A couple of nights ago we were in town at a local restaurant celebrating our oldest son’s 25th birthday.  When we left my wife checked her cell phone and saw a missed call.  It was one of her daycare parents (my wife runs a Christian daycare) so she called back expecting some news about one of the kids.  The message she got was stunning—our friend had seen fire trucks out in the country and went to see what was up and our place was on fire!  It wasn’t our house, we were assured but the lot we own but don’t mow was ablaze.  She did not know if it got our neighbor’s house.

  Needless to say, we jumped in the truck and beat it out to our place as quickly as safety would allow.  As you come around a bend on the main road you can see down the back of our house and our neighbor’s and we could see their place was fine.  As we pulled up we saw that the fire had been contained to about a half acre of the land we let grow up.  This is where we have allowed trees, evergreens, flowers, and anything else to grow wild with a few trails cut through for nature walks.  Now about half of it is just a blackened mess.

  My neighbor called and said they had hired a young person to do some yard work.  He had tried to burn their ditch (even though our county is very dry and has a burning ban) and it had gotten away from him and onto our property.  She had alertly called the fire department in town and they came and put out the blaze.  I assured her it was okay and we were really glad that no harm had come to them.

  Now as I look over the situation I can see that the underbrush is gone, but the trees still stand.  They are scorched but alive.  I couldn’t help but think of how this applies to the small church in America (I guess I always apply things to that subject!).  My land is charred but not destroyed.  Let me give you some applications to think about that may apply to your small congregation.

  1. Many small churches have indeed been through a fire.  Sometimes it may be because of a split with the hard feelings that go with it.  Or maybe it is because a much cared for family moved away.  It could be because one of the most helpful workers has gone on to heaven.  Sometimes the fire comes because of sin in the midst.  Whatever the cause, many congregations have been burned.

  2. Burning leaves visible marks.  That part of my land right now is, well, ugly.  What can you say?  It is black and unattractive.  When the small church experiences a fire in its life, it will leave marks that all can see.  One congregation I pastored had been through a split.  Even though several years had passed the people of the church still had issues and people in the community saw it as a trouble church.  Yes burning leaves marks and hiding your head in the sand won’t change that.  You will have to learn to live with it and deal with it as best you can.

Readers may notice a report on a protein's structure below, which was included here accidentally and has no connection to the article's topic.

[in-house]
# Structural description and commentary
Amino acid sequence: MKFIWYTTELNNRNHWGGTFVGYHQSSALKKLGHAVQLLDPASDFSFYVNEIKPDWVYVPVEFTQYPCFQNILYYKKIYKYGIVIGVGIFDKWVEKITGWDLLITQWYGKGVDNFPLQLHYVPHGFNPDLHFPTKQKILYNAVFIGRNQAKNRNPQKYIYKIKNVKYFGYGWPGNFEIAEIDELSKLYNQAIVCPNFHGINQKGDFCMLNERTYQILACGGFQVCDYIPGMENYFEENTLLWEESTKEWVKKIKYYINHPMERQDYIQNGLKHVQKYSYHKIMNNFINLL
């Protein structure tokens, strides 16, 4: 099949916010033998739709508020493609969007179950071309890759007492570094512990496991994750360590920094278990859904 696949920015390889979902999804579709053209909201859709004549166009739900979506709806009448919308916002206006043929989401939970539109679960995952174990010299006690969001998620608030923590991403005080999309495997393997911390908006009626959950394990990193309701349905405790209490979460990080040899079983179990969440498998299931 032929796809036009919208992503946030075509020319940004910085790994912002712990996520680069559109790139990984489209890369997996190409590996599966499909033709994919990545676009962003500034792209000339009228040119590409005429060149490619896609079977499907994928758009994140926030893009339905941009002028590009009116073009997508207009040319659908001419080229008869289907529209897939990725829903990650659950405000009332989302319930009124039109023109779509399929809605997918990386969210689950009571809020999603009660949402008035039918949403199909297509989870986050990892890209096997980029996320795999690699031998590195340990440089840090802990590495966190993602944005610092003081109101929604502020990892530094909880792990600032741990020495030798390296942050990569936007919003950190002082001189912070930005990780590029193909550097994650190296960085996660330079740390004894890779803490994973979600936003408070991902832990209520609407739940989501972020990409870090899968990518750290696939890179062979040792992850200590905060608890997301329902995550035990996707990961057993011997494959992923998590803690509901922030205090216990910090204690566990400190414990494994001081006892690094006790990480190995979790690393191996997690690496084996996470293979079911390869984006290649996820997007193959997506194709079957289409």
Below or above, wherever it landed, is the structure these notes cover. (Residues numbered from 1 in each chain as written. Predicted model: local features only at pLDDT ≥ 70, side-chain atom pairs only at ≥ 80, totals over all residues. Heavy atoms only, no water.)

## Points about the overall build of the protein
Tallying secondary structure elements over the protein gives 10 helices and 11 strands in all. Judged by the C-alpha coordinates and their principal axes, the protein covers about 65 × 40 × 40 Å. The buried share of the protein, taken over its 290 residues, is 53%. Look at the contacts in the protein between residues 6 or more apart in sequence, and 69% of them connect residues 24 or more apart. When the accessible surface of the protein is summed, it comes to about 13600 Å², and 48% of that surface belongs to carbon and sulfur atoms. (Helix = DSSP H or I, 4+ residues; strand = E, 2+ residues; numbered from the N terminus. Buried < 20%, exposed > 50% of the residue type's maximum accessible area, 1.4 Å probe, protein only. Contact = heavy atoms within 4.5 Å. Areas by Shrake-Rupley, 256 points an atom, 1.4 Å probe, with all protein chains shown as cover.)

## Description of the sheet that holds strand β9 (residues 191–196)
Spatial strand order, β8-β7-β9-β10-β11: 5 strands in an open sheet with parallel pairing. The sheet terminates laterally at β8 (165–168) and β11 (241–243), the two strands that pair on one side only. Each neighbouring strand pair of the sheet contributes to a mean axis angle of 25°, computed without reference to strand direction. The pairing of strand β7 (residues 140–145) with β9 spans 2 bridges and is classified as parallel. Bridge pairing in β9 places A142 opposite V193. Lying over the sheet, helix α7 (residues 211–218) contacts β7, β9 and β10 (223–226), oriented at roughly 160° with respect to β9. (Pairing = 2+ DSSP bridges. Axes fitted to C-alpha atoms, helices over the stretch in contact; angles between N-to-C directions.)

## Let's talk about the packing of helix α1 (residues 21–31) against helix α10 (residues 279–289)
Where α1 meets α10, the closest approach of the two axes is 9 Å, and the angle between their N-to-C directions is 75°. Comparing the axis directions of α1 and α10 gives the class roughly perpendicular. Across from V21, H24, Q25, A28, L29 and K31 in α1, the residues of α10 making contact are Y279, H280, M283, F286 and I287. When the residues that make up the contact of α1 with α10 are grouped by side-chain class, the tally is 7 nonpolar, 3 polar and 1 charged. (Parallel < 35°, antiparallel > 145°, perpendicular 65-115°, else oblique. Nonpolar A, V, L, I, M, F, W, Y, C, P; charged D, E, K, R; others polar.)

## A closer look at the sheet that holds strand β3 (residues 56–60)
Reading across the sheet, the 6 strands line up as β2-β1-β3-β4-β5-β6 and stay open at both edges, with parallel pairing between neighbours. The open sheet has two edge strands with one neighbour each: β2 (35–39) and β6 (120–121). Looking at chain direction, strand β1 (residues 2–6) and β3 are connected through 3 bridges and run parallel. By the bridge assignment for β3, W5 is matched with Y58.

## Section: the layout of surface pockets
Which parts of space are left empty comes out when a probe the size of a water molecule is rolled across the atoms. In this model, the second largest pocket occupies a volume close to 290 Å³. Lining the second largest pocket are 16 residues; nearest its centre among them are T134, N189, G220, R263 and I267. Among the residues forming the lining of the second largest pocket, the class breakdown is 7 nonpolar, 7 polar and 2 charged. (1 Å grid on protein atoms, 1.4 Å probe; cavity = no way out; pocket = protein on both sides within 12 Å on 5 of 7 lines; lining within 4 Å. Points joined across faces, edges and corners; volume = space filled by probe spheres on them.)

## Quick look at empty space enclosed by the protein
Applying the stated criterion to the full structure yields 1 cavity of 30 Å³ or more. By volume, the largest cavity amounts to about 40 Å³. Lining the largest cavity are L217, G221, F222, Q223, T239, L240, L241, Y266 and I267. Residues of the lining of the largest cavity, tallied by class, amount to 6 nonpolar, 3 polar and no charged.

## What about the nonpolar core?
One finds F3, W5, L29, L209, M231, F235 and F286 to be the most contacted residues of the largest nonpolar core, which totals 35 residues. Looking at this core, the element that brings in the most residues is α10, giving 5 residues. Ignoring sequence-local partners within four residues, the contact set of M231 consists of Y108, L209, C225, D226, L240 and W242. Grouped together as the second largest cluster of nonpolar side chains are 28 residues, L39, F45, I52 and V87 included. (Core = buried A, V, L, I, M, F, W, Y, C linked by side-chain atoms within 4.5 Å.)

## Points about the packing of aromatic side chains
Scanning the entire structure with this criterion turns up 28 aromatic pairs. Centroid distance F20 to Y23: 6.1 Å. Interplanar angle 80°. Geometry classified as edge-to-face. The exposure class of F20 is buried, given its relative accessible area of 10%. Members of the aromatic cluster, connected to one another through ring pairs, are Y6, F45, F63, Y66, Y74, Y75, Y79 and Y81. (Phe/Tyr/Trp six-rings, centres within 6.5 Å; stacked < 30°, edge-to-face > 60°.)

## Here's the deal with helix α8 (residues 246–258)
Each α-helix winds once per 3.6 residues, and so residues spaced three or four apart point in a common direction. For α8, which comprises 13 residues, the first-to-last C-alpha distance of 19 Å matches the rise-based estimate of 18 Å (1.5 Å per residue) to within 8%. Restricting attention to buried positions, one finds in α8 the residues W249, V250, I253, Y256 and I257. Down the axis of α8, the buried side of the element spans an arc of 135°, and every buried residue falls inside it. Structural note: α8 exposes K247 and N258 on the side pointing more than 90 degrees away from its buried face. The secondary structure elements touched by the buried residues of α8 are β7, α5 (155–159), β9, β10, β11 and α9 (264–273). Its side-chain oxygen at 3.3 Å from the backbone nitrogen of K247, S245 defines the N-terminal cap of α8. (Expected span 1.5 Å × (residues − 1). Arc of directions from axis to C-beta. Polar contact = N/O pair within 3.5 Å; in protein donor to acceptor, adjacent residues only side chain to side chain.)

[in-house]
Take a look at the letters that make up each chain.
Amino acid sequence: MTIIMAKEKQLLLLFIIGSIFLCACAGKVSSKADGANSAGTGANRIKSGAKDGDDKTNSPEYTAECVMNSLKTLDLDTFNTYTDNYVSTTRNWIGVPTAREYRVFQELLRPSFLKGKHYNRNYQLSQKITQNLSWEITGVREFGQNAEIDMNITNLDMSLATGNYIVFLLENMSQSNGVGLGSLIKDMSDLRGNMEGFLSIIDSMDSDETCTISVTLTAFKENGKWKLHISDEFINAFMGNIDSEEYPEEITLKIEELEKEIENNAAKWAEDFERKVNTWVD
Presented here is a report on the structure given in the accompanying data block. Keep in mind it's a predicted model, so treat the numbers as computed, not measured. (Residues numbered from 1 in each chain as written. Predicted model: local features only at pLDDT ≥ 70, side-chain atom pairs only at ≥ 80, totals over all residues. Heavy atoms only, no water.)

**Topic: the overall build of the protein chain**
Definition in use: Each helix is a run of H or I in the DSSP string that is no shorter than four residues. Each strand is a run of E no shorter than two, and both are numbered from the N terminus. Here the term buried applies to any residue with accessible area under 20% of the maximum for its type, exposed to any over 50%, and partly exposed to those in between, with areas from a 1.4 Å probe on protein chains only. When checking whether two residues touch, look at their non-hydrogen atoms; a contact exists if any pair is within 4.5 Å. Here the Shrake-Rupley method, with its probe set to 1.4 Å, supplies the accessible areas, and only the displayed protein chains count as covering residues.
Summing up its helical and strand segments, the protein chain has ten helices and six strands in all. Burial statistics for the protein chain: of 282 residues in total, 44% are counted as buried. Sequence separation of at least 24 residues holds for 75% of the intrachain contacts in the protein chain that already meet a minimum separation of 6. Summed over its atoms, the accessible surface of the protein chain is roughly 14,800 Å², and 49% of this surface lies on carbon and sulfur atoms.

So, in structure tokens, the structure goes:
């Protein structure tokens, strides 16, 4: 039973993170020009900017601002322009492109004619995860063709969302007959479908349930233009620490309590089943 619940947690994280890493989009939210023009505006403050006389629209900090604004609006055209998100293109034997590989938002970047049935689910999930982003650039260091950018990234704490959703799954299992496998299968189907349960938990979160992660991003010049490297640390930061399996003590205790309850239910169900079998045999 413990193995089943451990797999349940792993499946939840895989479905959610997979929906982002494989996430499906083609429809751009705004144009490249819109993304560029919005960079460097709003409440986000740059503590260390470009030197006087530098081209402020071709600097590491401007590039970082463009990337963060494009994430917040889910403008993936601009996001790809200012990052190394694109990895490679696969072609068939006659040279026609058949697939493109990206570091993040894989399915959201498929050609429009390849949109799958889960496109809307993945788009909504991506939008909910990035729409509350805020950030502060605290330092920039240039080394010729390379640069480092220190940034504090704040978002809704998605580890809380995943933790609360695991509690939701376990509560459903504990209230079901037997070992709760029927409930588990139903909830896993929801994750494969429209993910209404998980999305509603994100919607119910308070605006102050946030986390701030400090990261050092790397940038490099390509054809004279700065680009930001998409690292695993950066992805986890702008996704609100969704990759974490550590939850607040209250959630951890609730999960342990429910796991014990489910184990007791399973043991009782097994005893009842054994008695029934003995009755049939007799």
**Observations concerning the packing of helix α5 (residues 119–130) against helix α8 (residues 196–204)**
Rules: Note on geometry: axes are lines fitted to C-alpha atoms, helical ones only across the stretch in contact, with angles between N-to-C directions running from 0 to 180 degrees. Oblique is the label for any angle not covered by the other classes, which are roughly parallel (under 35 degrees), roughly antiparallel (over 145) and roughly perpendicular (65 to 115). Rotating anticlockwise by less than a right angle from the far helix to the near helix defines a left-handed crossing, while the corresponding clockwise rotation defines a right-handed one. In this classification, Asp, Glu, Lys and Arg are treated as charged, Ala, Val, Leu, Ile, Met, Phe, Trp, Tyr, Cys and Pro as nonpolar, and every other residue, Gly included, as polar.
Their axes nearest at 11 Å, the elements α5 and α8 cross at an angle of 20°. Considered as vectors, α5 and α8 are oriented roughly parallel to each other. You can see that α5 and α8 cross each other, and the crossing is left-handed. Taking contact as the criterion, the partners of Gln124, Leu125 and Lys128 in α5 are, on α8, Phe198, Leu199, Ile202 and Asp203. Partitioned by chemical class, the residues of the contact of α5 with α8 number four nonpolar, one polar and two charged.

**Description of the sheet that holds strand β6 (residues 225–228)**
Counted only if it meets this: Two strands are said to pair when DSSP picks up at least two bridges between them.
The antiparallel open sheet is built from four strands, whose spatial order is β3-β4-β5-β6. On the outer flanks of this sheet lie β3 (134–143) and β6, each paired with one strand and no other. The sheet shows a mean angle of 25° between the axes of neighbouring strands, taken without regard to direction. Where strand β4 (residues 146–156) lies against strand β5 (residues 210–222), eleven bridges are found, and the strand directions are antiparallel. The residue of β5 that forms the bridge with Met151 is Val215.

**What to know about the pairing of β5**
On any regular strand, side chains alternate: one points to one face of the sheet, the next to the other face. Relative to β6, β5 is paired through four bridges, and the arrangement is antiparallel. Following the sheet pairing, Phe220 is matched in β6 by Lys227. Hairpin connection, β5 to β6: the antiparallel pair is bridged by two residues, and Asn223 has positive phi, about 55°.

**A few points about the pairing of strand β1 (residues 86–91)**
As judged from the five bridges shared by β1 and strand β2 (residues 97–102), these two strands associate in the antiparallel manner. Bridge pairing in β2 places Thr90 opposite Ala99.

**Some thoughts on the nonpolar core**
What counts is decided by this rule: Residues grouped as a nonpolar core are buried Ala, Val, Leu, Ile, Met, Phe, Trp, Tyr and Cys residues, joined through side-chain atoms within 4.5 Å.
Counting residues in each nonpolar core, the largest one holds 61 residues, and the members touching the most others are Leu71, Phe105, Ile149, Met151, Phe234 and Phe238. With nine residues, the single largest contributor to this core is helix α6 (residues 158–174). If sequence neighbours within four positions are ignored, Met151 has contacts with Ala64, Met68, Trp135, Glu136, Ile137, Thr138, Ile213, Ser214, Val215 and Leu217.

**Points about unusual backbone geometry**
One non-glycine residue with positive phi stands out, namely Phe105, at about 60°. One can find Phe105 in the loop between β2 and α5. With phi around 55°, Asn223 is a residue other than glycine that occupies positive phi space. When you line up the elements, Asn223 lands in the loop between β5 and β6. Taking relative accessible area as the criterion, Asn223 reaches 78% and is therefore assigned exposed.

3. Burning takes time to get over.  Have you ever known someone who was a burn victim?  If so, then you know it is one of the slowest healing wounds a person can have.  Your small church is not going to get over their situation over night.  You can cry, pray, run, or anything else you may feel like doing, but in the end it is a slow process.  If you are pastoring a church that has been burned, commit yourself to the long haul to help them overcome their tragedy.

  4. Burning does not destroy everything.  As the title of this article suggests, things can be charred but not destroyed.  The trees on my land that were scorched still are very much alive.  A few of them look dead, but given time they will green up once again.  Such is the beauty of God’s healing.  And the same can happen in your church.  The body may have been hurt, but the life is still there, if it is truly a church of the living God.  And that life brings hope.  Hope that the church will once again “green up” and be a place of worship to the Lord Jesus Christ.  Hope that souls will once again be saved in that place.  Hope that ministry can be carried on for the Lord.  The old saying “where there is life, there is hope” is true for the church as well.

  I hope that if your congregation is going through a tough time, if you feel like you have been burned, that you will look to God and the comfort that He can give.  Your church is dear to Him, and with His help you will come out on the other side.